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Perfect Pitch: Adam Moseley

Founder, CEO, Producer



Current City: Los Angeles.

Current Job and Entrepreneurial Focus: Founder and CEO, Head of A&R at Accidental Entertainment (Music Sync, Publishing, Artist Development).

Notable Prior Jobs: Currently Professor at UCLA’s Herb Alpert School of Music (The Art of Music Production, I & II) Guest lecturer Berklee School of Music, Valencia, Spain The Boat Studio, Silver Lake, Los Angeles (2003 to 2010) Studio Manager, Producer, Engineer, Mixer Music Producer, Engineer, Mixer (1978 to present). Trident Studios, London (1983-1985) Chief Engineer, Producer Sorcerer Sound, NYC (1981-1982) Recording Engineer, Mixer Trident Studios, London (1978-1981) Construction , Chef, Teaboy, Tape Op, Engineer, Mixer, Producer McDonalds, Stockholm, Sweden. (1976).

When I Started Performing: At 5 years old, with my twin brother doing a Beatles act ( I was Paul :) At 15 years old, in a group I put together at school and at 18 at Law School in London. We were awful, so I decided to quit law School and get into a studio to learn how to make music. Almost signed to a major label in NYC, 1982 as an artist and songwriter.

Performing Arts Background: I was born into a musical family in Brighton, England. My dad was a jazz musician and loved Bebop, Big Band and Brazilian music. My mum would sing all day to Ella, Sarah Vaughan, Tony Bennett, Nat King Cole, Sinatra and all the greats. My sister, 5 years older than me, would bring home all the latest albums by the amazing, ground-breaking artists of the 60’s and 70’s. I didn’t stand a chance but to choose music. I was ‘banned’ from learning music at school, so I self taught, playing alto sax, my dad’s electric bass (which I still have) and lots of singing. Once I got into studios and producing I would often do background vocal sessions on many albums. I can “fumble around” on a few instruments, I'm but master of none. I think having that 'overview' is really important, in being able to step back and decide exactly what is required in a specific moment. I quit Law School and got one interview from 100 application letters to studios and started as a chef and construction worker at the legendary Trident Studios in Soho, London, home to The Beatles (Hey Jude and White Album), T Rex, Free, George Harrison, John and Yoko, Nilsson, Bowie, Elton John, Lou Reed, Queen and many more. I was promoted to “teaboy”(runner), then tape op, engineer and upwards. The first albums I worked were 4 albums with Kiss, 2 with Rush, Rod Stewart, Tina Turner, most of the disco and punk artists, then many British New Wave bands, including The Cure and later producing The Blow Monkeys, Visage, Roxette, Richard Marx, Maxi Priest and many more in the UK, Europe and the US. More recent albums include work with John Cale (Velvet Underground), Nikka Costa/Lenny Kravitz/Prince, Beck/Jack White, Spike Jonze / Nick Zinner (Yeahs) and many more.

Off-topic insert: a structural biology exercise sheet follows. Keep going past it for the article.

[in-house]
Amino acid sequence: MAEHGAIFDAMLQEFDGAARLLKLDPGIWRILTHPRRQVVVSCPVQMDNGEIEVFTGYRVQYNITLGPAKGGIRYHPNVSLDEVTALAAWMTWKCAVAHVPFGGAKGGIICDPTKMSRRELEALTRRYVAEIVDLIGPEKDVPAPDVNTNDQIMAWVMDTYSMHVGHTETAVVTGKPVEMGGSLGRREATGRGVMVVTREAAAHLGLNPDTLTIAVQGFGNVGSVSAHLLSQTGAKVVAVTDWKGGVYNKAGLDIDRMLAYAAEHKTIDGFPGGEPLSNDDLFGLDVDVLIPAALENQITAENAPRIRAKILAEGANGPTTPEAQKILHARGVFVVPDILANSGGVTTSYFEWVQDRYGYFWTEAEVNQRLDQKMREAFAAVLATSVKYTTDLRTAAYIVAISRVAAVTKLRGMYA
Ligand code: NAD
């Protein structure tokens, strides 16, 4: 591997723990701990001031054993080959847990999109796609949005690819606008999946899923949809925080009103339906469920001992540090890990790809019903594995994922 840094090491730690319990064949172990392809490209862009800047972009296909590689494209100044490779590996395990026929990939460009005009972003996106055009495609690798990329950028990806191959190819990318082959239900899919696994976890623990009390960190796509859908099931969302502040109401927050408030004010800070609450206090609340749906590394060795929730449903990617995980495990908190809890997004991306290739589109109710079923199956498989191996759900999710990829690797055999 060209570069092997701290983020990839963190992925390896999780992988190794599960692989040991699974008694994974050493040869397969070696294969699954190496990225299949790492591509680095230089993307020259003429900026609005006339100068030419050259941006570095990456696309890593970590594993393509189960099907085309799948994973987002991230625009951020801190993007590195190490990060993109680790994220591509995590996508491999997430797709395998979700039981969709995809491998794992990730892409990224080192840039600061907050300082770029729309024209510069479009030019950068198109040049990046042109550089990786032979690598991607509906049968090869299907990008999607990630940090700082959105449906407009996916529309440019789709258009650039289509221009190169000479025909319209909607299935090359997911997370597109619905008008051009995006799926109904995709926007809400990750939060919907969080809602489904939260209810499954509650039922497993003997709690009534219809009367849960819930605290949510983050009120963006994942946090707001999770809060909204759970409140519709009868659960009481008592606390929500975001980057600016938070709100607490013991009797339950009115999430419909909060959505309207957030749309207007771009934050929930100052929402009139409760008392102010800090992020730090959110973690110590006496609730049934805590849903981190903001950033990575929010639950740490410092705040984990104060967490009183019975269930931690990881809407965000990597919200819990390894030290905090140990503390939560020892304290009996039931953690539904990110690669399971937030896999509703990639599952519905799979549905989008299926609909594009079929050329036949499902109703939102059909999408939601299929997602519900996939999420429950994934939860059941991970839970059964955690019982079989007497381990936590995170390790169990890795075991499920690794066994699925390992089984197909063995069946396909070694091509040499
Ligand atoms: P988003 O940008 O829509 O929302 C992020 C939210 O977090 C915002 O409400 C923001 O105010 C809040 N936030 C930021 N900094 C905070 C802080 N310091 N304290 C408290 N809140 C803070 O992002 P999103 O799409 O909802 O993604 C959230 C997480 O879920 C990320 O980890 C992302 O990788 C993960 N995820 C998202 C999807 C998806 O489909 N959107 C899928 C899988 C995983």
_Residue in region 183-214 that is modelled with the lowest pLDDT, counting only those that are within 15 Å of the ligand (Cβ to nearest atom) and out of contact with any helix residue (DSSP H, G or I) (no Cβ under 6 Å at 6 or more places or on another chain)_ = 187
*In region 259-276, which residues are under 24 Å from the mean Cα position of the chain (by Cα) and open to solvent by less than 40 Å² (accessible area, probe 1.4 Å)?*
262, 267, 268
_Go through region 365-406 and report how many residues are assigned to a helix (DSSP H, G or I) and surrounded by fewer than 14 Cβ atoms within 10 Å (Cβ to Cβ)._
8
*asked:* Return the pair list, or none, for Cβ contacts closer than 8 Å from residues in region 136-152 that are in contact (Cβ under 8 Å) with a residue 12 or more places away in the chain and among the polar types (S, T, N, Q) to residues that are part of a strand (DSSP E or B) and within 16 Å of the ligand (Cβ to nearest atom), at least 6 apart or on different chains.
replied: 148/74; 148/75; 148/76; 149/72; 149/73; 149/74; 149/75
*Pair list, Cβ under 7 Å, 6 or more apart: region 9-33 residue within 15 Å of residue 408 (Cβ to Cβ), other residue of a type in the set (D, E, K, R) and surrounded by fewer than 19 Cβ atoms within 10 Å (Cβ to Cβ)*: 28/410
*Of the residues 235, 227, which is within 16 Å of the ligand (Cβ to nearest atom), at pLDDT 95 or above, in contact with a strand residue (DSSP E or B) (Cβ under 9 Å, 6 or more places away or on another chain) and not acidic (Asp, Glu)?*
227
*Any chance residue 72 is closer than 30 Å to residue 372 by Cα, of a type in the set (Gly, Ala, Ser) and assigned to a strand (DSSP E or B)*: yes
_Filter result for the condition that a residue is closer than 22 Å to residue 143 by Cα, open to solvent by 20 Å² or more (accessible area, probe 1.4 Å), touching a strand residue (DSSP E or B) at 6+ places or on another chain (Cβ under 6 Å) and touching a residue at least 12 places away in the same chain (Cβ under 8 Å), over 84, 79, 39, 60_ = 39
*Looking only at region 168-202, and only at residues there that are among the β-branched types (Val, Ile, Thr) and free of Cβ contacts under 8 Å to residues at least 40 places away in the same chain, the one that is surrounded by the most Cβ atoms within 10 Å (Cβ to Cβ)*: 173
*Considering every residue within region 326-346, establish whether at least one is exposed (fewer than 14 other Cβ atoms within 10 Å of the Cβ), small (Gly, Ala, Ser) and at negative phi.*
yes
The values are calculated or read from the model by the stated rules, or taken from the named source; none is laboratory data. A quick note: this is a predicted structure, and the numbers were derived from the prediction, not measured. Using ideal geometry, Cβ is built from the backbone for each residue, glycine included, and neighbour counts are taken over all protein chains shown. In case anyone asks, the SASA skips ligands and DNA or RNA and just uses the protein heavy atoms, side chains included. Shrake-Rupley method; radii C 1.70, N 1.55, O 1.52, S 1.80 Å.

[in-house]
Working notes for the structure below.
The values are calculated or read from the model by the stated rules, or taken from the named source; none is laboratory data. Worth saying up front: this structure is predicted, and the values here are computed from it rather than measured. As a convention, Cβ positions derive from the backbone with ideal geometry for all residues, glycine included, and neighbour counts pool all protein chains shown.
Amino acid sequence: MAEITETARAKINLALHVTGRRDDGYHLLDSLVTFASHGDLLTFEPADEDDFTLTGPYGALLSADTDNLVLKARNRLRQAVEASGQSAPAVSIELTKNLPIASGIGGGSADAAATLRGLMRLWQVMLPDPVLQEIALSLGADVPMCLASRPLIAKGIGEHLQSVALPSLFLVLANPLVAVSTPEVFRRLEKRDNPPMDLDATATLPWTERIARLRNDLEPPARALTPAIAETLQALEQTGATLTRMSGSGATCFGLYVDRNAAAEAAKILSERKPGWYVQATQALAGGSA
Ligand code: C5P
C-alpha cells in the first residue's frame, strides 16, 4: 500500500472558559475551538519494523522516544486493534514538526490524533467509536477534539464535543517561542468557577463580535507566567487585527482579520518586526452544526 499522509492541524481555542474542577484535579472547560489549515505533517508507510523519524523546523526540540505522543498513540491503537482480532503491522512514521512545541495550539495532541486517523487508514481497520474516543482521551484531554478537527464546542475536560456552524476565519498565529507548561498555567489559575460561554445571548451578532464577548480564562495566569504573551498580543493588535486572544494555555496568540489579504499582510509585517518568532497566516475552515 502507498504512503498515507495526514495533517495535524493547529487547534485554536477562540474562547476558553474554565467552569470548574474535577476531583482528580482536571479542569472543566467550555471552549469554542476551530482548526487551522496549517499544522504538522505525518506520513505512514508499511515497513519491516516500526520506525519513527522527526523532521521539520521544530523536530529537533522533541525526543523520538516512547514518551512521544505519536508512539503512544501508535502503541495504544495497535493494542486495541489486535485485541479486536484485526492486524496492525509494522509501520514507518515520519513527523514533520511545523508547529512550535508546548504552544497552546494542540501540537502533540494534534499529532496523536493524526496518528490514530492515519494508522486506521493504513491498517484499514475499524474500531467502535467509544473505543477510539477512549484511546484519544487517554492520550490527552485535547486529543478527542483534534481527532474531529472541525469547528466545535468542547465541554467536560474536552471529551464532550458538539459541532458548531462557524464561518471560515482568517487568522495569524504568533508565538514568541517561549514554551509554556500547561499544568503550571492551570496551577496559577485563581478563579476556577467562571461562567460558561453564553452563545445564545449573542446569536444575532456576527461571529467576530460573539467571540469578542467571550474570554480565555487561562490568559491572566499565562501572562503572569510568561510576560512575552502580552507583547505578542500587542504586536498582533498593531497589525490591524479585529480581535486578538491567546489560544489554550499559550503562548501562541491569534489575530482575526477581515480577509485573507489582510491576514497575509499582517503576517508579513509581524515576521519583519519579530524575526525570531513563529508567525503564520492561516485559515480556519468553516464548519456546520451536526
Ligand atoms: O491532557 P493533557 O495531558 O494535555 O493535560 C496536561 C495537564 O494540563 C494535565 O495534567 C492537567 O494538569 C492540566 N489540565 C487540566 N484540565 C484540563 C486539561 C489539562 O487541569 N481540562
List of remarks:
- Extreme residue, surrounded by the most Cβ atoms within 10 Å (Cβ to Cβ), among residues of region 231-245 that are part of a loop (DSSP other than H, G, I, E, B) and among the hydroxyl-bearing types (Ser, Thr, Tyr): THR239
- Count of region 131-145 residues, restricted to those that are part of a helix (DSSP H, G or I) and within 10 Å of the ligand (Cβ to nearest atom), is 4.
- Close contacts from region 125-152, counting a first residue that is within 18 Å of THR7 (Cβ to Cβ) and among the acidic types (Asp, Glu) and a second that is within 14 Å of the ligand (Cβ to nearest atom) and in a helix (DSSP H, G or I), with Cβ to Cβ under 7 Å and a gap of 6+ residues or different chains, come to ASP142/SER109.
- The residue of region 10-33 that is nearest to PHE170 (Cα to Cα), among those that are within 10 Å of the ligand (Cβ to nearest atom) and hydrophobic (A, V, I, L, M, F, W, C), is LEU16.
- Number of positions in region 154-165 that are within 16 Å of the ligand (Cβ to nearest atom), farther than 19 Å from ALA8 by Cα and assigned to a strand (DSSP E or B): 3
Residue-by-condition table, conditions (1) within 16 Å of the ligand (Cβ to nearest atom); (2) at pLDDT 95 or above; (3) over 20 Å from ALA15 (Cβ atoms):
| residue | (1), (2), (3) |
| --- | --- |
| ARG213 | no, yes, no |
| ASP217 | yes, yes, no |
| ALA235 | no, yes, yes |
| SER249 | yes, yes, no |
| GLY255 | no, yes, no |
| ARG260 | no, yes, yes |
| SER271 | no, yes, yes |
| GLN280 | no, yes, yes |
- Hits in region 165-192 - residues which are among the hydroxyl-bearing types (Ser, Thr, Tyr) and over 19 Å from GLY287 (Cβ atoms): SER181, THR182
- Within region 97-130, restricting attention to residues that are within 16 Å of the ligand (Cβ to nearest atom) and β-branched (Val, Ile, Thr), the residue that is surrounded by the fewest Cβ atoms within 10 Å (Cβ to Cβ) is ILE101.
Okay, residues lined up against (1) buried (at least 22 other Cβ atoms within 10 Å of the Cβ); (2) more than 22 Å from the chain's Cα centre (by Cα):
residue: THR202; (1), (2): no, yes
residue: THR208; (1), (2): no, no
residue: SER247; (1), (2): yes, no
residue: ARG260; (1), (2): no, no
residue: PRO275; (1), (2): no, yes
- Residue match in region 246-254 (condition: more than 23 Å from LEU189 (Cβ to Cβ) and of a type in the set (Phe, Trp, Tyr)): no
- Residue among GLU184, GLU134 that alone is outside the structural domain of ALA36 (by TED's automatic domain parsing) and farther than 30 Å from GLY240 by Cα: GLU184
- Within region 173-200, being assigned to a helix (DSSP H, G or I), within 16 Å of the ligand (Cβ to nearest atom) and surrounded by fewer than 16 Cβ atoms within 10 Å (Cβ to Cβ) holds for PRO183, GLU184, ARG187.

How did your performing arts background supercharge your entrepreneurship? Over many decades, I learned the art of making music. Not necessarily just the technical aspect, but the ‘people’ part. How to direct, motivate and focus an artist to capture the best performance possible. At school, I’d usually be the team captain of various sports, even when I wasn’t the best player on the team. It seems that I had a knack to know how to build a team spirit from individuals, that the sum was greater than the parts. How to get the best from everyone and combine their individual roles into one cohesive ‘unit’. I guess that’s where I developed my entrepreneurial skills. Sometimes, as a producer, I would have to push the artist(s) to get a greater performance than they thought was possible. Other times, my role was to be ‘invisible”, create the right environment, manage the people and situation, guide the energy and let the magic happen. People skills, and directing performance, that’s key. Being the team leader and having to run the budget, strategize and define the direction, when to recognize that we need a different approach or direction, anticipate trends and shifts, but always having a clear concept of what we were aiming to achieve and create.


I learned patience and focus, through trial and error. That sometimes you have to take the artist by the hand and walk them around the block, just to go next door. If you don’t guide your team and explain the ‘why’, you will lose them. You have to earn your team’s respect and show that you’re also working for them.


Now as a CEO, these are the most valuable things that I have learned and have applied from my background. As the major labels stopped developing artists, that role fell on the music producers. Building on my experience over the years in performing that role, I recognized that there was a major hole and no-one was developing artists, except maybe music producers. With Accidental, I have built an amazing team of people who have music-making backgrounds themselves and who are passionate about music. We are all driven to help artists develop and also to create money for the artists to pursue and sustain their dreams.

Favorite Performer: OMG there’s so many. New: Molly with Charles, Esthy, Lizzy McAlpine, Bo Baskoro. Legends: Joni Mitchell, Curtis Mayfield, The Beatles, Brian Wilson.


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